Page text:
Prostate cancer early detection practices among men with a family history of disease.
OBJECTIVES: Genetic studies of familial prostate cancer, which is often asymptomatic until advanced stages, rely on correct designation of affection status. In this pilot study, we set out to determine the proportion of unaffected men whose families are participating in a study of hereditary prostate cancer who have been tested for prostate cancer with serum prostate-specific antigen (PSA) measurement and digital rectal examination (DRE). METHODS: Participants were identified from the University of Michigan Prostate Cancer Genetics Project, a family-based study of inherited prostate cancer susceptibility. Of the 141 eligible affected and unaffected sons of men with prostate cancer, 124 (88%) completed a mailed questionnaire regarding serum PSA testing and DRE history. RESULTS: Among unaffected men, 95% reported ever having had a PSA test, and 97% ever having had a DRE, with most initial tests occurring between the ages of 40 and 60 years. No significant difference in the mean age at first PSA test or DRE between the affected and unaffected men was observed. Affected men were significantly more likely than unaffected men to have a first PSA level greater than 2.5 ng/mL (P = 0.006), but not greater than 4.0 ng/mL (P = 0.614). CONCLUSIONS: Most men with a family history of prostate cancer are undergoing early detection testing. The differences in early detection testing practices do not appear to account for the difference in affection status among the sons of men with prostate cancer.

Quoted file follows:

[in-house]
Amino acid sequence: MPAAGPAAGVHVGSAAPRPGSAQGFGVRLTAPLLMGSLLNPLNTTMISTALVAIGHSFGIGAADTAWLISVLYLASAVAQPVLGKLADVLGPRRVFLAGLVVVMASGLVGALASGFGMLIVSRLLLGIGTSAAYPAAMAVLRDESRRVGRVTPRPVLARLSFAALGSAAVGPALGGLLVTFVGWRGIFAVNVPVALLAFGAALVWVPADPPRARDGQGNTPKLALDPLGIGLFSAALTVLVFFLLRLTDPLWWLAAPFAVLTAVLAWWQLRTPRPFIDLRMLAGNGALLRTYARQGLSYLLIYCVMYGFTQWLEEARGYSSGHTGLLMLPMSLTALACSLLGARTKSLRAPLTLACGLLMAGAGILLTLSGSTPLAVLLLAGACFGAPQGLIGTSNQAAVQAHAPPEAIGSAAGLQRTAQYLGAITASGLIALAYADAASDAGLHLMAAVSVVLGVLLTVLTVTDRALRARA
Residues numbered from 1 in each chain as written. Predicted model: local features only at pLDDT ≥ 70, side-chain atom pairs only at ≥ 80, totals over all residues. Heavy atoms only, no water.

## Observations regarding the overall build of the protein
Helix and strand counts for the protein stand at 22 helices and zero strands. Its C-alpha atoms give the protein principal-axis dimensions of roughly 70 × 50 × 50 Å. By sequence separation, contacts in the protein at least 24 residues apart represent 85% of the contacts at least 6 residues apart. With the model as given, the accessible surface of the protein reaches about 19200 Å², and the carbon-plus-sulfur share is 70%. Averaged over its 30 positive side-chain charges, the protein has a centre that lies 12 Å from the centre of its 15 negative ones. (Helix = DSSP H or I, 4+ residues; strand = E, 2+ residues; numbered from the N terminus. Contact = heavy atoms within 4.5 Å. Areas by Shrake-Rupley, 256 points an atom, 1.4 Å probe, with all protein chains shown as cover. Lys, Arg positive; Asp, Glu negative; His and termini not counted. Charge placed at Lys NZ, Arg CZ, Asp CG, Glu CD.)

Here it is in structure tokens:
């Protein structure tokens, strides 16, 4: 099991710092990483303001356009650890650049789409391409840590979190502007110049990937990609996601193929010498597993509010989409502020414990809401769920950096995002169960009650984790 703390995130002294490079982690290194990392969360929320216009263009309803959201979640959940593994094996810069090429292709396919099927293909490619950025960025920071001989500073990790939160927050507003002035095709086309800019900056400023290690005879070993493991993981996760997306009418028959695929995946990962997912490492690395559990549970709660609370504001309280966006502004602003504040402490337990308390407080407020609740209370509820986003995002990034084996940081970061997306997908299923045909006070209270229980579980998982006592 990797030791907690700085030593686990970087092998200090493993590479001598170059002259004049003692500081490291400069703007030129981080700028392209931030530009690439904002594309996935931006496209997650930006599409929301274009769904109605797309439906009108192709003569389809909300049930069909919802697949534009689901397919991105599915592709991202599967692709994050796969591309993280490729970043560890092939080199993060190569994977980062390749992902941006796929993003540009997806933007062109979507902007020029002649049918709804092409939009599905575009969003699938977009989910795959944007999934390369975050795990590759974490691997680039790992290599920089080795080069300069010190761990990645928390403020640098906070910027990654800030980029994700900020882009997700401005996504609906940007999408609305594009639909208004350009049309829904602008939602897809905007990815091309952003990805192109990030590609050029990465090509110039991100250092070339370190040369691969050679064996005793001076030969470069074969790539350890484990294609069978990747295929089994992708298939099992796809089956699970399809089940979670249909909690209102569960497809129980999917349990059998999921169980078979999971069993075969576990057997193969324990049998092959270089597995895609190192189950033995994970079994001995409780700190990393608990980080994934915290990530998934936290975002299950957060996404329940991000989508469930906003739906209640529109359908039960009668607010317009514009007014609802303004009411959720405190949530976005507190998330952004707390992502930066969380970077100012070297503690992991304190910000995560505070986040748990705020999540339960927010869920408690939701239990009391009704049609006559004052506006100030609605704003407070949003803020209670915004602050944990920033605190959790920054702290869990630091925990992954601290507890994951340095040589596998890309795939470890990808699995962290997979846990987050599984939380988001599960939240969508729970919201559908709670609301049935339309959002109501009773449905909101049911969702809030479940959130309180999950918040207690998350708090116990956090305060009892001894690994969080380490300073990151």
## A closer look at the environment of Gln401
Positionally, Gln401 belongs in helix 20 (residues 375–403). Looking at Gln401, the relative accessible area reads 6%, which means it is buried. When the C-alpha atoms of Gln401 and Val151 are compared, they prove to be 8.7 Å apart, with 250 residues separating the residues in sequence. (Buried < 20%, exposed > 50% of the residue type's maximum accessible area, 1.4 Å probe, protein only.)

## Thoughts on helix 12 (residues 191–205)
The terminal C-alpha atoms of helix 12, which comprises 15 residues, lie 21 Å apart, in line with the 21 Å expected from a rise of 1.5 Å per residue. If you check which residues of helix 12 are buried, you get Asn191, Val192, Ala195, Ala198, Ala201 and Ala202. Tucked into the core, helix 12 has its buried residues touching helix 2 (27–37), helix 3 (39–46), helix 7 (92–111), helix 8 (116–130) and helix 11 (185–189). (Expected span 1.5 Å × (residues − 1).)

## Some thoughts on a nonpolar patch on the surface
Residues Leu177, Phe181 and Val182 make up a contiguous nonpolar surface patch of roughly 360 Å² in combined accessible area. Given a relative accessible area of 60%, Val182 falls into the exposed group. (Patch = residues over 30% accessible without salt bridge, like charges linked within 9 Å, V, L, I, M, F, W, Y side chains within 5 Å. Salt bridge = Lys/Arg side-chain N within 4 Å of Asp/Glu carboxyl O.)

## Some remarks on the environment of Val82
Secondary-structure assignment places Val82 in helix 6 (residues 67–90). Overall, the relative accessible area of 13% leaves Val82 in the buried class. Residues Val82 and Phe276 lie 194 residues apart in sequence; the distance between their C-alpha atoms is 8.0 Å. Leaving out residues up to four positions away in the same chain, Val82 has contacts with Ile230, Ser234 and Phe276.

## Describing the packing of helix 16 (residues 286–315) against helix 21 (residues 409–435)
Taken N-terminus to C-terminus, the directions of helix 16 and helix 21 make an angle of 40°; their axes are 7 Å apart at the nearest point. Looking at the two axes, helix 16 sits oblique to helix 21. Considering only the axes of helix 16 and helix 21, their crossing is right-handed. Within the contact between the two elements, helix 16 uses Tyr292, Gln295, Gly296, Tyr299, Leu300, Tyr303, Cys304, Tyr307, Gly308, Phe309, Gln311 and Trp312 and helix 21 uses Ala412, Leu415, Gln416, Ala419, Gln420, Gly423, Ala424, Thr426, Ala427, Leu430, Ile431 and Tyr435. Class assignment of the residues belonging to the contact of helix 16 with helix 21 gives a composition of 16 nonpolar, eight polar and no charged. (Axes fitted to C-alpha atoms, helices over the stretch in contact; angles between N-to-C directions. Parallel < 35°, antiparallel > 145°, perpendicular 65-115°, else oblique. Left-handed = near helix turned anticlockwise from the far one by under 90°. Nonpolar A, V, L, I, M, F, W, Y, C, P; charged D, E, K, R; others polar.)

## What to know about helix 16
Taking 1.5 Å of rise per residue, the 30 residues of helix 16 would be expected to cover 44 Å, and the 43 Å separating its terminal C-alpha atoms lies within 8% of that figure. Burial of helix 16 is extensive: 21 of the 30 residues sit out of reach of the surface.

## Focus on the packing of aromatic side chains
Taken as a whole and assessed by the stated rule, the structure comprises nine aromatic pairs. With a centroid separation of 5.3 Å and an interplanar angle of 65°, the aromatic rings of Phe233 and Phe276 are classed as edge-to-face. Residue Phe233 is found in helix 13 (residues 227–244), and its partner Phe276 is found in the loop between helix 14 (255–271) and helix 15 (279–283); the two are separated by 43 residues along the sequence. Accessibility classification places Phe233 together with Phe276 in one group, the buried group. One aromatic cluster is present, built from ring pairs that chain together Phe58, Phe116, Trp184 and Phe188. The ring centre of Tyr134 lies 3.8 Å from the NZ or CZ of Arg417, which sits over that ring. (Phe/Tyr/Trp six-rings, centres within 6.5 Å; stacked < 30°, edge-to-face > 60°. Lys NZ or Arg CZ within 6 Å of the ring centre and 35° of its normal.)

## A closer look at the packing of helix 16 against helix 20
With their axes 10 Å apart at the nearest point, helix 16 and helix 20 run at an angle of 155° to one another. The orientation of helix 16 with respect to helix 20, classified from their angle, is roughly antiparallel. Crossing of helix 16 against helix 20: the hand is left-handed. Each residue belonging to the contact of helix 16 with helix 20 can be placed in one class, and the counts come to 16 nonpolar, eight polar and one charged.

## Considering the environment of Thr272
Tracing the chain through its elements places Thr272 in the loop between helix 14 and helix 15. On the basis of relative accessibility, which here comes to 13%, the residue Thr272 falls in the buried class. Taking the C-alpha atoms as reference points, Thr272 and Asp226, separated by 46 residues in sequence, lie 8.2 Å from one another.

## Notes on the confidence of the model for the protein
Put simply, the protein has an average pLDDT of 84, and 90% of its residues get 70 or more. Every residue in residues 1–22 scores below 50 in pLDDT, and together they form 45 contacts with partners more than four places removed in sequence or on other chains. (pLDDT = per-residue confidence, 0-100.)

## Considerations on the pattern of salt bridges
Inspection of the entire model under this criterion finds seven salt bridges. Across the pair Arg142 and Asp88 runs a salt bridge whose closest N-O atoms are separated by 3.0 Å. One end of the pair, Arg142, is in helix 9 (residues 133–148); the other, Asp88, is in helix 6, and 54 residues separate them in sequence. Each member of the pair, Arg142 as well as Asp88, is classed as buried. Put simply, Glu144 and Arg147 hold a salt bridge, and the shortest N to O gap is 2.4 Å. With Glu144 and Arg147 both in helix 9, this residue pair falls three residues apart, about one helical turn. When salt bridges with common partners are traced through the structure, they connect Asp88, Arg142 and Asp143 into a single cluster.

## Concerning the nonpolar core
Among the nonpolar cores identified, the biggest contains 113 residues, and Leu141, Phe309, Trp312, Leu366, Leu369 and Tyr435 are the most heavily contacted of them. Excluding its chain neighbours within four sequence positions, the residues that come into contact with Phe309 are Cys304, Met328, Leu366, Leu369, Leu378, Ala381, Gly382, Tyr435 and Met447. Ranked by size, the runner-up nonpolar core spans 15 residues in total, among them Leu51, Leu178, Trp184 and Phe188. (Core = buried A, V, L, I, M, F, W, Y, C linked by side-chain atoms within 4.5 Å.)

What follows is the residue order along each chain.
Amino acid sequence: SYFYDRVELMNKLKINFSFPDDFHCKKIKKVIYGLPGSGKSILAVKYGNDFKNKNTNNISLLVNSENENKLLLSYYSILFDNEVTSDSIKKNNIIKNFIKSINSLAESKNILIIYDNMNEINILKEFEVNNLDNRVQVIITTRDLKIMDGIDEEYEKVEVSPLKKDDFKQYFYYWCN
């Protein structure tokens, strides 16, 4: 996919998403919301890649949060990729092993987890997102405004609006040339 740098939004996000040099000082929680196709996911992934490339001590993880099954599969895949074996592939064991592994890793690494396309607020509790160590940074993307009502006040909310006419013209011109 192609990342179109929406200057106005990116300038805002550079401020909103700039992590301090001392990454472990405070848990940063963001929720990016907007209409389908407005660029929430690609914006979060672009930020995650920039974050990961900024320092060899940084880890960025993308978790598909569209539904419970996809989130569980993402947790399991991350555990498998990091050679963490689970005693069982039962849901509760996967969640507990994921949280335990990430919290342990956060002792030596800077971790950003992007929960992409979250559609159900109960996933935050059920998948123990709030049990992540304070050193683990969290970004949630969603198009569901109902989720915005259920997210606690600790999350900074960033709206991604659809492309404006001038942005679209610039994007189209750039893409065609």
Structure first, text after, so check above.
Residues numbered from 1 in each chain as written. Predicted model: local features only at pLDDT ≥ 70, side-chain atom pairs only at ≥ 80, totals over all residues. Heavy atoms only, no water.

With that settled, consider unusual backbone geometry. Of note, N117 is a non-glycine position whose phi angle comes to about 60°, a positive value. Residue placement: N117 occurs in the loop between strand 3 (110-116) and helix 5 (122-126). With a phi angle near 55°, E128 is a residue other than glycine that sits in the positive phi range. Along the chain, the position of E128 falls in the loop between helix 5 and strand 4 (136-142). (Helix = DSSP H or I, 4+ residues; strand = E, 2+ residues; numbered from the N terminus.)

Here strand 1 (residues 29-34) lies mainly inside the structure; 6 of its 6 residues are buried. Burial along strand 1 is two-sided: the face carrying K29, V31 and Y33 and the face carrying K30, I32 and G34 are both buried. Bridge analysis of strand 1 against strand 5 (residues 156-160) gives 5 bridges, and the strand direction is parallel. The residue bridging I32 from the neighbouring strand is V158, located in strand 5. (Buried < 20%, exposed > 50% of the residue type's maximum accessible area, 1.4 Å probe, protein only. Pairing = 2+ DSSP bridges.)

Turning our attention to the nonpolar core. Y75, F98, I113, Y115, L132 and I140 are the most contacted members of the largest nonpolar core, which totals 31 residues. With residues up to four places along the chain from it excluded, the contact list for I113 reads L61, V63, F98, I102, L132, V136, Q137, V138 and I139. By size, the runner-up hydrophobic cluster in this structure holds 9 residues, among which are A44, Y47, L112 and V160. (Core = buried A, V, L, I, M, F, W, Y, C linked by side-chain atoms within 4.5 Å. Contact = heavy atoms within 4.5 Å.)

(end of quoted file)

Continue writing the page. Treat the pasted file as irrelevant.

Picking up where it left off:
Bock, CH; Peyser, PA; Gruber, SB; Bonnell, SE; Tedesco, KL; Cooney, KA
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